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 By Chris Atkins

Sven-Goran Eriksson works his magic to revitalise Shenzhen in China

Having somewhat rebuilt his managerial career in two Chinese Super League spells with Guangzhou R&F and Shanghai SIPG, it was a surprise to many when former England coach Sven-Goran Eriksson was announced as manager of Shenzhen FC at the end of the 2016 season.

Eriksson, in China since 2012, is well-regarded for his work in the country and while there was some disappointment his SIPG side failed to kick on and truly challenge for titles, Shenzhen wasted little time in moving for the Swede once he came available in December.

Since their takeover by the Kaisa property group last year, Shenzhen's ambition to rise up the Chinese football ladder once more has been no secret. However, a much-hyped 2016 season proved a false dawn as a decent start tailed off dramatically late in the campaign.

Having initially brought in Dutch coach Clarence Seedorf in July to oversee that rise, the former AC Milan icon was discarded after a run of just one win in his final 10 games.

Eriksson was quickly identified as his replacement and given a handsome transfer budget to work with, bringing in Chinedu Obasi and $7 million forward Harold Preciado to front his attack.

More importantly, perhaps, he was also able to identify five Chinese players to bring in at considerable expense. Centre-back Cui Min alone cost the club in the region of £10m, while goalkeeper Guan Zhen arrived for around £4.6m with a total transfer spend in excess of £20m.

Given the expectation provoked by such transfer activity, pressure was high heading into the campaign especially with other sides also aiming high in the market.

However, just five games into the season things could not be going any better for Eriksson and his side, having registered a full complement of 15 points.

Having already found the net 18 times, Shenzhen have also set out their stall as the league's most feared attacking side. Colombian Preciado has led the way with eight goals to begin his career in Asia in lightening fashion.

Sven-Goran Eriksson
Sven-Goran Eriksson is enjoying a fine start to the season with Shenzhen.

"As long as we can continue scoring, I'll be happy," a delighted Eriksson told reporters following this weekend's 5-2 victory.

"We have scored 18 goals in just five games and we'll go a long way if we can continue to do this."

With Shenzhen's record winning streak of six games now firmly in their sights, history is already on the verge of being made.

Eriksson, though, is well-aware that only promotion will determine how his season is judged and, perhaps understandably, has therefore been playing down the importance of such achievements.

"Our only aim is to earn promotion," he added. "If we win six or seven in a row I don't care so much."

If there is one negative, it is that not one Chinese player in the side has yet to find the net -- with all 18 goals coming courtesy of Preciado, Obasi and fellow foreign forward Aboubakar Oumarou.

While that is the case, it must also be mentioned that veteran former national team midfielder Xu Liang has registered an impressive seven assists in his five matches to date as he continues to bely his 35 years of age.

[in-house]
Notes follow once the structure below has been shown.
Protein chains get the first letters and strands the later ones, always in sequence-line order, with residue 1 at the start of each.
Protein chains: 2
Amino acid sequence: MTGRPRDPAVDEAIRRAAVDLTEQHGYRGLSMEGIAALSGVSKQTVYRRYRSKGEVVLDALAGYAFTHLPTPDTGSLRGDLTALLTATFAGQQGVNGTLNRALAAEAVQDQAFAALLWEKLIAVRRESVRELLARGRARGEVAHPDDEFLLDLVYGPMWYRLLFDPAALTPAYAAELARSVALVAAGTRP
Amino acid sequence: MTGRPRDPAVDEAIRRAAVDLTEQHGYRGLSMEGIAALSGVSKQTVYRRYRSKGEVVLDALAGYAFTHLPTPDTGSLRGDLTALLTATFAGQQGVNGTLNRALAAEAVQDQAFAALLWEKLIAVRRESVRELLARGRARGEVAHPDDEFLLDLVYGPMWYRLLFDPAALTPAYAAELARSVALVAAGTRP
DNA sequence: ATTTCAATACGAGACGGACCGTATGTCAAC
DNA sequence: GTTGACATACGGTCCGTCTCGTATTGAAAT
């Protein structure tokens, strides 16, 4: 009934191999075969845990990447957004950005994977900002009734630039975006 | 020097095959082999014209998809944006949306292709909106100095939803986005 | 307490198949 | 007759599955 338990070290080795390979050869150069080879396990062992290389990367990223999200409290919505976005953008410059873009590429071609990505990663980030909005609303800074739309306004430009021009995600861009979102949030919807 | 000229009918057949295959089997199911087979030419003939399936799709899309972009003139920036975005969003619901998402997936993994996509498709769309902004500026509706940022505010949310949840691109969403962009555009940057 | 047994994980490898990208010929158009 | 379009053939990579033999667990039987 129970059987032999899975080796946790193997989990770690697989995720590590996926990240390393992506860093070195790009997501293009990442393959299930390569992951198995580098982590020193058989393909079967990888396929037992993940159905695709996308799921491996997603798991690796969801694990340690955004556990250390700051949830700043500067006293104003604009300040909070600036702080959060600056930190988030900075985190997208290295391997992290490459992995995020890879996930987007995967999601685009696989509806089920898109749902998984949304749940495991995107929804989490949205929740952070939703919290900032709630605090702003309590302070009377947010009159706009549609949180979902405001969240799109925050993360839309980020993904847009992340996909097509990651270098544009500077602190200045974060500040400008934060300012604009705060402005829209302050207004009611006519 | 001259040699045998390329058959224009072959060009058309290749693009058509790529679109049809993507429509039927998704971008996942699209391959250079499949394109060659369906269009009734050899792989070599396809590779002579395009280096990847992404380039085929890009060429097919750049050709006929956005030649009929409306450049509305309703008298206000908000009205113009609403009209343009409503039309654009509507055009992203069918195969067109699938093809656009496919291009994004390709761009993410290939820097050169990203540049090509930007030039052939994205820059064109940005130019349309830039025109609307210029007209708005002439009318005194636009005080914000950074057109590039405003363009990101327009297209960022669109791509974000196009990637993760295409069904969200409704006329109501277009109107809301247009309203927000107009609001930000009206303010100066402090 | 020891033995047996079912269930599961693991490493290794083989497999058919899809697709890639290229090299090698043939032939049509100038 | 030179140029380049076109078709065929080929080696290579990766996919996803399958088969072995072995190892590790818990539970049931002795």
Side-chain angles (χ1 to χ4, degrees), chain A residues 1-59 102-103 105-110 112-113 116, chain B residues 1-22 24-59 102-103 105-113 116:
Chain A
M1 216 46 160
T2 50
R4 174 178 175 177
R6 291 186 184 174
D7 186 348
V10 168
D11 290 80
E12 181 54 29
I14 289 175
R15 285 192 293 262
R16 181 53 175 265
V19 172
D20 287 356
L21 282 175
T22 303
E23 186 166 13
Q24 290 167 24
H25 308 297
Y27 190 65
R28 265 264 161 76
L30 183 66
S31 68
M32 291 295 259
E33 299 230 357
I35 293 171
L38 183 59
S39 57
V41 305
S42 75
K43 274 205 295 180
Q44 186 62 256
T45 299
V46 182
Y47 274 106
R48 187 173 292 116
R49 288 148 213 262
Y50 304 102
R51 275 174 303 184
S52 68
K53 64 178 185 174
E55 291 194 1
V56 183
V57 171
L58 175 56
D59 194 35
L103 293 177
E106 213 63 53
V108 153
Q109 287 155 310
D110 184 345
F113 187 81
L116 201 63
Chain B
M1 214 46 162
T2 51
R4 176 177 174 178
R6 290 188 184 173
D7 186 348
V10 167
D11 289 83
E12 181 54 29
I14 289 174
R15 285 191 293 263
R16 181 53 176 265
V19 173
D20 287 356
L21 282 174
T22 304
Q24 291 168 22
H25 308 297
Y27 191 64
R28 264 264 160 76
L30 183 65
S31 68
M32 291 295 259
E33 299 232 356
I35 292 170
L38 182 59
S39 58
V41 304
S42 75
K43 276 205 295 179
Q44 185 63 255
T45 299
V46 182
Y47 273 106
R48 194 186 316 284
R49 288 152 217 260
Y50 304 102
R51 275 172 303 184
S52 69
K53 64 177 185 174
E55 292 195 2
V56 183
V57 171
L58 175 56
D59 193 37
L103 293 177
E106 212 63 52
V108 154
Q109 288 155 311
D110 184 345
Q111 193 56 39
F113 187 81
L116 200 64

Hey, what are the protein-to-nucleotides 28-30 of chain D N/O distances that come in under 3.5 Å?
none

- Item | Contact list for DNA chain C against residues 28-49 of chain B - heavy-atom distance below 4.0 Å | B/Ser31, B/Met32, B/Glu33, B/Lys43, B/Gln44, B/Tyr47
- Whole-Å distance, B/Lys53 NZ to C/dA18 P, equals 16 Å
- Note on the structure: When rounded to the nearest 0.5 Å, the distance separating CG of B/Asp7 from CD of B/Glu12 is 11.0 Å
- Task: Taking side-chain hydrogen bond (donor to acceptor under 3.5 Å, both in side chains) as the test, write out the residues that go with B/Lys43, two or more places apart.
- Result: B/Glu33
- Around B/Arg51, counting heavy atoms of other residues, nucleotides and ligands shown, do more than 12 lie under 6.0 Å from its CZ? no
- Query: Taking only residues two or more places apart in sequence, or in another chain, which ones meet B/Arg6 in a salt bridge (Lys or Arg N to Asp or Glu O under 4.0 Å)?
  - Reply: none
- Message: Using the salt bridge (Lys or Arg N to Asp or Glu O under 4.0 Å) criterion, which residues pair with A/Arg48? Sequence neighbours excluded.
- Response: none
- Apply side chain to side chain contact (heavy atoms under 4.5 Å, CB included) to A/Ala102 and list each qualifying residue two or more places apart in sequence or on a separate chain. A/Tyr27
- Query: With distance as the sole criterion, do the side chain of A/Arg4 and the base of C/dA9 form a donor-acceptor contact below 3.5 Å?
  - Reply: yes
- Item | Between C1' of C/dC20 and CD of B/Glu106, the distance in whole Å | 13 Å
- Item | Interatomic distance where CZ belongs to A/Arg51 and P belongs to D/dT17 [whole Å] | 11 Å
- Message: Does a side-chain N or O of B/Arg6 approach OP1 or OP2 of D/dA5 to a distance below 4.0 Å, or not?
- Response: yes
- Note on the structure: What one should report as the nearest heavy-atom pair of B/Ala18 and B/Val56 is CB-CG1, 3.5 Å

According to Eriksson, on current form a 25-year-old version of Xu would have no issue playing in a European league.

Eriksson is wise to the culture of China and such comments are doubtless made in part with his audience in mind. Part of the Swede's popularity -- dating back to his spell as England manager -- has always been his ability to say the right things to the local media and his consistent championing of China's football potential has thus far served him well.

China fans celebrating Yu Dabao's goal against South Korea in the 34th minute.
China fans can look forward to challenging on the world stage, according to Shenzhen boss Sven-Goran Eriksson.

Indeed, in February last year he even tipped China to "compete to win a World Cup within 10-15 years," during an interview with national press agency Xinhua. It may be a bold statement, but it wins him support.

The good feeling around Shenzhen is already having an impact, with attendances having more than doubled this season. This weekend over 21,000 flocked to Shenzhen Sports Stadium to see the team in action and, with seven goals scored, they were well-rewarded as the home side beat Beijing BG 5-2.

Everything appears to be on the up for the club and with a modern city of 12 million people crying out for Super League representation, it is easy to see how they could quickly return to being a major force in the Chinese game.

The club and their new owners are doing all the right things, though, to ensure a quick promotion -- from improving the training ground to giving the coach the financial power needed to bolster the playing squad. Bringing in an assistant coach with vast experience of China League One was also a smart move, with Goran Tomic an important member of the coaching staff.

However, there are many examples of fast starts tailing off dramatically and Eriksson is wise to ensure feet are kept firmly grounded.

Should he take his side up at the first attempt, though, the Swede will once more have shown there are few better at achieving results in China.

Having arrived in the Far East at a low point in a previously illustrious career, it is China which has proved Eriksson's redemption. At Shenzhen, he is already working his magic once more.

Chris Atkins is based in China and writes for ESPN FC about the Chinese Super League. You can follow him on Twitter @ChrisAtkins_.


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